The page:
The introduction of the implant was one of the most noteworthy developments in the field of dentistry. Finally, the loss of your teeth didn't mean that you were doomed to a life of soft food and self-conscious smiles. However, getting implants isn't as simple as some other solutions.
Putting in dental implants can do some serious damage to your wallet if you don't have the right dental plan. In addition to this, the process of putting in the implant takes several months from start to finish and can require serious surgery. Therefore, a lot of people will want to know what risks the procedure holds.
Discomfort/Pain and Bleeding
Putting in a dental implant can require a great deal of surgical work. If you don't have the right bone structure, bone grafting may have to be done. You'll probably be under some form of anesthetic during the surgical portion of the procedure.
However, once the anesthesia wears off and you wake up, you'll probably experience a certain level of pain and general discomfort. There may also be some residual bleeding. If the bleeding or pain is excessive, get in touch with your dentist immediately.
Although there is a high degree of success as far as this procedure is concerned, there are times when the implant doesn't take. The implant can fail to be integrated to the bone. This can happen if the bone isn't stable enough, and this will lead to implant failure.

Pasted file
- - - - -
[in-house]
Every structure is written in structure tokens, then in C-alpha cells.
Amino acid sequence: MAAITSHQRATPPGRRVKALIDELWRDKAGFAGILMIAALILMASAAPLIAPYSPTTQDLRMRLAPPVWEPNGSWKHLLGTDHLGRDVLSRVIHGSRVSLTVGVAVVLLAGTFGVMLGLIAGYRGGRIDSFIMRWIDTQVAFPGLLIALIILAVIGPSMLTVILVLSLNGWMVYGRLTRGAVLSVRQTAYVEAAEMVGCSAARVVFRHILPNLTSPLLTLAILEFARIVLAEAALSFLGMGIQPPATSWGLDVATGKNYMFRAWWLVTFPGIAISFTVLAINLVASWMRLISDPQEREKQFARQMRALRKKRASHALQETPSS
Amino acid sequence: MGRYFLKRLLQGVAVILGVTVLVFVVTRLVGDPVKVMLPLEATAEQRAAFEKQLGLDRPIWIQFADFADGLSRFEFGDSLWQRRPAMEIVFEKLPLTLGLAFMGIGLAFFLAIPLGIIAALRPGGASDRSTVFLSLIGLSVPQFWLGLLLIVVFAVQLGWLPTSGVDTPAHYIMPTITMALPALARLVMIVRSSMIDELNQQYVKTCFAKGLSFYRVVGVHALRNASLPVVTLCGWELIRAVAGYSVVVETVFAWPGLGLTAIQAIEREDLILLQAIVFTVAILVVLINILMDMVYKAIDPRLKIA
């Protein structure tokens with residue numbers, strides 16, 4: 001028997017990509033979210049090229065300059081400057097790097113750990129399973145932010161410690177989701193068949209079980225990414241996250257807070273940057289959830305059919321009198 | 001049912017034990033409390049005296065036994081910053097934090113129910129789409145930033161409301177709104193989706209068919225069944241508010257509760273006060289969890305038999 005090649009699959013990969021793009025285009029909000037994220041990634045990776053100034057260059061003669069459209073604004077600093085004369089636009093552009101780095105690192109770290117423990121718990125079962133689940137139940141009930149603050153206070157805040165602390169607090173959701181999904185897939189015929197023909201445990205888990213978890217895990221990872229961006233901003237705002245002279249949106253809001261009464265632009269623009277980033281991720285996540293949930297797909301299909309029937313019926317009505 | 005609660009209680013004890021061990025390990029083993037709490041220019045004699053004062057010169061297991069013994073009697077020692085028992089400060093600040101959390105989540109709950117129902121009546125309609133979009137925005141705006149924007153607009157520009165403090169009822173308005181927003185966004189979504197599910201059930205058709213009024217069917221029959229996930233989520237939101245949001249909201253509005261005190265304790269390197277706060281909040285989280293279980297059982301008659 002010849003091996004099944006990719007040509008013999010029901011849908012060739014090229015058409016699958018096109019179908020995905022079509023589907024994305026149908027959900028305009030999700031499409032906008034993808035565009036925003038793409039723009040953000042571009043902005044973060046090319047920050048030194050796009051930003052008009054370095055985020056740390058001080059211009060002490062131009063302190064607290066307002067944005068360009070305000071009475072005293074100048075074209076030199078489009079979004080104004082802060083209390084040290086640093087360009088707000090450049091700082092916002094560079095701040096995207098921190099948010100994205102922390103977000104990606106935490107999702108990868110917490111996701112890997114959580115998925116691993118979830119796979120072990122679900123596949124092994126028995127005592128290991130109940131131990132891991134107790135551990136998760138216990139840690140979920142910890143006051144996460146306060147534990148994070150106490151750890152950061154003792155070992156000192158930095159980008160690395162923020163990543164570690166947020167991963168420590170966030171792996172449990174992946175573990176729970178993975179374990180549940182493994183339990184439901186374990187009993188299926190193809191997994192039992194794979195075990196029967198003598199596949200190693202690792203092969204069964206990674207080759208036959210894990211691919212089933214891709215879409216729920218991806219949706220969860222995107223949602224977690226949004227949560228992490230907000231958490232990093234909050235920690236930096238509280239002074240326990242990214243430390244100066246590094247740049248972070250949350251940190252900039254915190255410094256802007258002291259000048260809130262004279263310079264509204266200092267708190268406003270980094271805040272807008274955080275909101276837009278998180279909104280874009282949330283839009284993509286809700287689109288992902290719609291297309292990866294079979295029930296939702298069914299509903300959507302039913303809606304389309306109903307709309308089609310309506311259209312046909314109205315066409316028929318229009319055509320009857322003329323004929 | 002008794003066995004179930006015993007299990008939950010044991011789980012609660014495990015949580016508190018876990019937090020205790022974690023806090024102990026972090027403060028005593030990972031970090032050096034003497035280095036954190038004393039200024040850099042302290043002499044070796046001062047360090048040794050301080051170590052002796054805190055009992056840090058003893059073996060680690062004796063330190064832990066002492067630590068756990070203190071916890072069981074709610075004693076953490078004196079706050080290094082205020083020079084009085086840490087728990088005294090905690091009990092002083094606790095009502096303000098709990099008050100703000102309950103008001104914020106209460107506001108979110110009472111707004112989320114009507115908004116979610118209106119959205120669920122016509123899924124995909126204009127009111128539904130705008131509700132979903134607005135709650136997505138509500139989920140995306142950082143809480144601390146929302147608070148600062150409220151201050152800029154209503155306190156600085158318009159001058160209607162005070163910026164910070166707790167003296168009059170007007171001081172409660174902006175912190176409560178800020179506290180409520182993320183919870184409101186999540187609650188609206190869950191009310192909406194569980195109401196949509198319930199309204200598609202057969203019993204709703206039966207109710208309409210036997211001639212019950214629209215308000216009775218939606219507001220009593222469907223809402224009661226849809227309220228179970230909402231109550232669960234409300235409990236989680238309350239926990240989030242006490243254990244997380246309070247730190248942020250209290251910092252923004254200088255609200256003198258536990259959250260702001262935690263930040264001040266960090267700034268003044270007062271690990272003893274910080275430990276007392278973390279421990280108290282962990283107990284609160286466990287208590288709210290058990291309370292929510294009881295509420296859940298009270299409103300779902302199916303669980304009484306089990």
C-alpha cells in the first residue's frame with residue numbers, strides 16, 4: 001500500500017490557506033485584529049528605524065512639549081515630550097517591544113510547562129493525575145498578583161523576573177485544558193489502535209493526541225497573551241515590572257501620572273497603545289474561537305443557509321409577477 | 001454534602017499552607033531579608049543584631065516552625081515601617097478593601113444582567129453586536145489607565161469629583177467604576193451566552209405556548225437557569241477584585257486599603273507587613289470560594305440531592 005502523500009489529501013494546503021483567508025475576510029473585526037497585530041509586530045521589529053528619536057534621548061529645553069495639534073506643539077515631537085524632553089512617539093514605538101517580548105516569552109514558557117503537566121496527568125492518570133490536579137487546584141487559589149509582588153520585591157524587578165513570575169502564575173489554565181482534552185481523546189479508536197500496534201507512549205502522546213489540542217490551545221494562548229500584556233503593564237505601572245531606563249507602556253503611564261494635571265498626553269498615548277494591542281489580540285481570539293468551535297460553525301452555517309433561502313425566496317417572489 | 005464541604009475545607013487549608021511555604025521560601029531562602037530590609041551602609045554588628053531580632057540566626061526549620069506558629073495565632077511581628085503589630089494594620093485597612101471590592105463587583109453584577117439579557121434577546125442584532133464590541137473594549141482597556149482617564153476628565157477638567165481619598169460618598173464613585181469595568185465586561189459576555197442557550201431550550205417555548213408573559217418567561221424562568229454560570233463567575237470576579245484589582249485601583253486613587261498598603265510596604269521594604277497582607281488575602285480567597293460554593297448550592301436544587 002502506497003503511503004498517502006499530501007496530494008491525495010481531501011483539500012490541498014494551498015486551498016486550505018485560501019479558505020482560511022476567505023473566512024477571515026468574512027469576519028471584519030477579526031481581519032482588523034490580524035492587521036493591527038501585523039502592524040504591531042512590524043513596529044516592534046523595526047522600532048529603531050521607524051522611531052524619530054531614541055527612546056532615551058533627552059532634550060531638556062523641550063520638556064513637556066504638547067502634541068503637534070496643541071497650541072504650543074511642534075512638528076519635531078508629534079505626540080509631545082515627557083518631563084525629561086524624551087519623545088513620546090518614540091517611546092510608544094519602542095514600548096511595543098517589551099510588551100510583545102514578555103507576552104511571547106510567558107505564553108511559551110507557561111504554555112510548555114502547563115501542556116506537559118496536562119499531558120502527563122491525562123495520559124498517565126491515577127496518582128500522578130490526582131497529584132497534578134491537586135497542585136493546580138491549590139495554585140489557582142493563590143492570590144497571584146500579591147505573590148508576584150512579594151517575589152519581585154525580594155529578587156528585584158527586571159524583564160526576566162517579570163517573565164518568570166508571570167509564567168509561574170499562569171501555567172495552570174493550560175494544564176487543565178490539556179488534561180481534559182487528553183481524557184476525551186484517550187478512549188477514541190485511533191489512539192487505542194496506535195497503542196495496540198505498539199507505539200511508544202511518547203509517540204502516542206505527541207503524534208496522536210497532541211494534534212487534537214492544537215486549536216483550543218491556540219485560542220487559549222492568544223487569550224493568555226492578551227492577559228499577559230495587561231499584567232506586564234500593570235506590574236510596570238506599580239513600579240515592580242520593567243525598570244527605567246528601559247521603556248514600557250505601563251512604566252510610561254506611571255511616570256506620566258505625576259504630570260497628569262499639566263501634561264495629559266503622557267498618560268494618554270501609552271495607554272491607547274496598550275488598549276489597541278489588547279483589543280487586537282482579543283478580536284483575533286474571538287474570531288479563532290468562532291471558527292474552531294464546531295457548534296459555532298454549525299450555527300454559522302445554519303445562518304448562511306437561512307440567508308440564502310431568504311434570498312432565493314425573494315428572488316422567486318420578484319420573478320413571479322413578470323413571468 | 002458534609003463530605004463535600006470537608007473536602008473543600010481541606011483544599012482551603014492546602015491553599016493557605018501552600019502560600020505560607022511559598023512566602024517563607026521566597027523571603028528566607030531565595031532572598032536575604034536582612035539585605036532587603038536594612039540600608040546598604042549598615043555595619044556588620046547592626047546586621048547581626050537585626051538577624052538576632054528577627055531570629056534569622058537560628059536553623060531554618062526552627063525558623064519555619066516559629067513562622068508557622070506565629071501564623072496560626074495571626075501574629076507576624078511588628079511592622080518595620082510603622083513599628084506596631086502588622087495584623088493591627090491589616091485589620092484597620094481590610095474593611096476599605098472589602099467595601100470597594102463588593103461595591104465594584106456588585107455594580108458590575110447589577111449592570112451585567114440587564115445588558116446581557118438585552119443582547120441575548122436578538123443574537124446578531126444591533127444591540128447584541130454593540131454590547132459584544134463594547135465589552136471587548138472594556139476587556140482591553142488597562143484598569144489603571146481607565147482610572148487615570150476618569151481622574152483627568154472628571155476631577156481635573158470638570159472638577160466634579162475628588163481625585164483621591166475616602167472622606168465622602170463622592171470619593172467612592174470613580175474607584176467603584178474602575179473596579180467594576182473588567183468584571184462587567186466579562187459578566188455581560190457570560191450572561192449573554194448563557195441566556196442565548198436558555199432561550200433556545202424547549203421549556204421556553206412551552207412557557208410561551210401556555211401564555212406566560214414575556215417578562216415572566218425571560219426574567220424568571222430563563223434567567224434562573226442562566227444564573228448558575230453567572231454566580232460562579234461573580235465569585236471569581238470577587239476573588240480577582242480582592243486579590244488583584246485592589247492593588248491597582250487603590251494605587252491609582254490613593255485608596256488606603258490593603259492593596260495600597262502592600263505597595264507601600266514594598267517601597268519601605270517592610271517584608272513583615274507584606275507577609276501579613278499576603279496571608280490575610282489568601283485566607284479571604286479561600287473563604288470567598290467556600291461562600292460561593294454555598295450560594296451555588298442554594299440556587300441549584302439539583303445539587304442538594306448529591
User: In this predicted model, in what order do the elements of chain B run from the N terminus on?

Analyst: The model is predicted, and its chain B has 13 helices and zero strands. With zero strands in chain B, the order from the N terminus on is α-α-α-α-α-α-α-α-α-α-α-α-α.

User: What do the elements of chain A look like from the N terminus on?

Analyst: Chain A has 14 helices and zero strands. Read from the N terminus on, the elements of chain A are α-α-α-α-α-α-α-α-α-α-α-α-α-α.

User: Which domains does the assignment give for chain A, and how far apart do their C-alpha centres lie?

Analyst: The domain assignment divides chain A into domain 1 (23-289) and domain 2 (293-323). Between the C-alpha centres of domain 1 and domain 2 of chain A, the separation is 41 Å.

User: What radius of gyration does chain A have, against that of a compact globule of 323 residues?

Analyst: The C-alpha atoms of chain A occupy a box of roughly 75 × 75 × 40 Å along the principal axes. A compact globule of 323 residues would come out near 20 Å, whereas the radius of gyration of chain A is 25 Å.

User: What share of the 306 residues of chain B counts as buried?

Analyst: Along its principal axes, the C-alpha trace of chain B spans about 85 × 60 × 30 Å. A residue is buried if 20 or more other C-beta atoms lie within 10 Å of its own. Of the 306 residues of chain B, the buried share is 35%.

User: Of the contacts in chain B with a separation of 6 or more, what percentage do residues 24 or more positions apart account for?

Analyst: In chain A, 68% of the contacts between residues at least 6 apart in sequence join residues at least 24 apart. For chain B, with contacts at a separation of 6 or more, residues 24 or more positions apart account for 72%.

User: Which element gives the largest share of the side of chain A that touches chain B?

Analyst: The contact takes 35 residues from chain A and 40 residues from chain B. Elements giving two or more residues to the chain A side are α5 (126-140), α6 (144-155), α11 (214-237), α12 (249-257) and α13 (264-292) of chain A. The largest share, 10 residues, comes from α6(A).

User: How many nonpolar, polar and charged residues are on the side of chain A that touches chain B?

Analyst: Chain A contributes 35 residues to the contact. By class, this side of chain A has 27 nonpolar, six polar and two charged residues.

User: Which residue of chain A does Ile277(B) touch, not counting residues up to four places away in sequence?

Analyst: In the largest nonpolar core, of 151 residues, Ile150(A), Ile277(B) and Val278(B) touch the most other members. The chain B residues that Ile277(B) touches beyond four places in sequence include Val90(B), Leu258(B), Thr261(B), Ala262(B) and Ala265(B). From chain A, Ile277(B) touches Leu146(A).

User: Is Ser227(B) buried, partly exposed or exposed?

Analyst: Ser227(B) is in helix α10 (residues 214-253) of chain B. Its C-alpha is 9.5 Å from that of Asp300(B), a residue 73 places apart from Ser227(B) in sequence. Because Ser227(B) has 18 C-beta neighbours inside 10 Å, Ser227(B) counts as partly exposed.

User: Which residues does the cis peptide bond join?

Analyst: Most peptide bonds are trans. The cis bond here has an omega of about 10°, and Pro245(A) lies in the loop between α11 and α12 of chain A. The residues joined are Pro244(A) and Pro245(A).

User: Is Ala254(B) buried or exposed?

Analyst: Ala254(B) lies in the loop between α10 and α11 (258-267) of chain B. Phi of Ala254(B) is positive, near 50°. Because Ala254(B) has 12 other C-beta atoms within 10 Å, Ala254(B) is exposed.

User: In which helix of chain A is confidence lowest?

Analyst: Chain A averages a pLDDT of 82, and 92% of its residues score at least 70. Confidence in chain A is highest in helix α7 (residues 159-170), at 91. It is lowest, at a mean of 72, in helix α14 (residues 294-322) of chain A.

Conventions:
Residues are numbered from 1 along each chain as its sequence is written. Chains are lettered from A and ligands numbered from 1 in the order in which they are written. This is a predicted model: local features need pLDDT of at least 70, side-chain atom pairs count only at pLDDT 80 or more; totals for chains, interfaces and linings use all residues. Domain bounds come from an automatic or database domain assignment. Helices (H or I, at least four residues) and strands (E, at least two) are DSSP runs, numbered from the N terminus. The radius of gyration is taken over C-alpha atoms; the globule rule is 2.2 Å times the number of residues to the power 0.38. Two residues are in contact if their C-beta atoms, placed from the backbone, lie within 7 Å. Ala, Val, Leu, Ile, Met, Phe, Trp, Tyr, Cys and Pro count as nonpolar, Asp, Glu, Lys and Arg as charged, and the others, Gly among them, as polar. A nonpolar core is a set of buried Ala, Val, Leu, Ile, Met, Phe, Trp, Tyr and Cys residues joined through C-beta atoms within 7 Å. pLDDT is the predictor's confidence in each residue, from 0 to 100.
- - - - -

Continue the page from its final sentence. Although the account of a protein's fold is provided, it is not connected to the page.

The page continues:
Some parts of the body can be accidentally perforate during the procedure. Parts that are at risk include:
As with any other surgical procedure, the risk of infection is very real after an implant has been put in. These infections not only happen at the site, but can also spread to other parts of the body. You'll have to carefully monitor your condition after the surgery so you can know early enough if there is an infection.
Nerves at the site or near the site of the implant can be injured. This can cause a lot of pain or numbness.
Breakage of the Abutment Screw
The abutment screw is the part of the implant that goes into the bone. This screw can break or fracture if put under too much stress. Unfortunately, this may mean the bone will not be strong enough to support another implant.
For more information, reach out to a dental implant professional.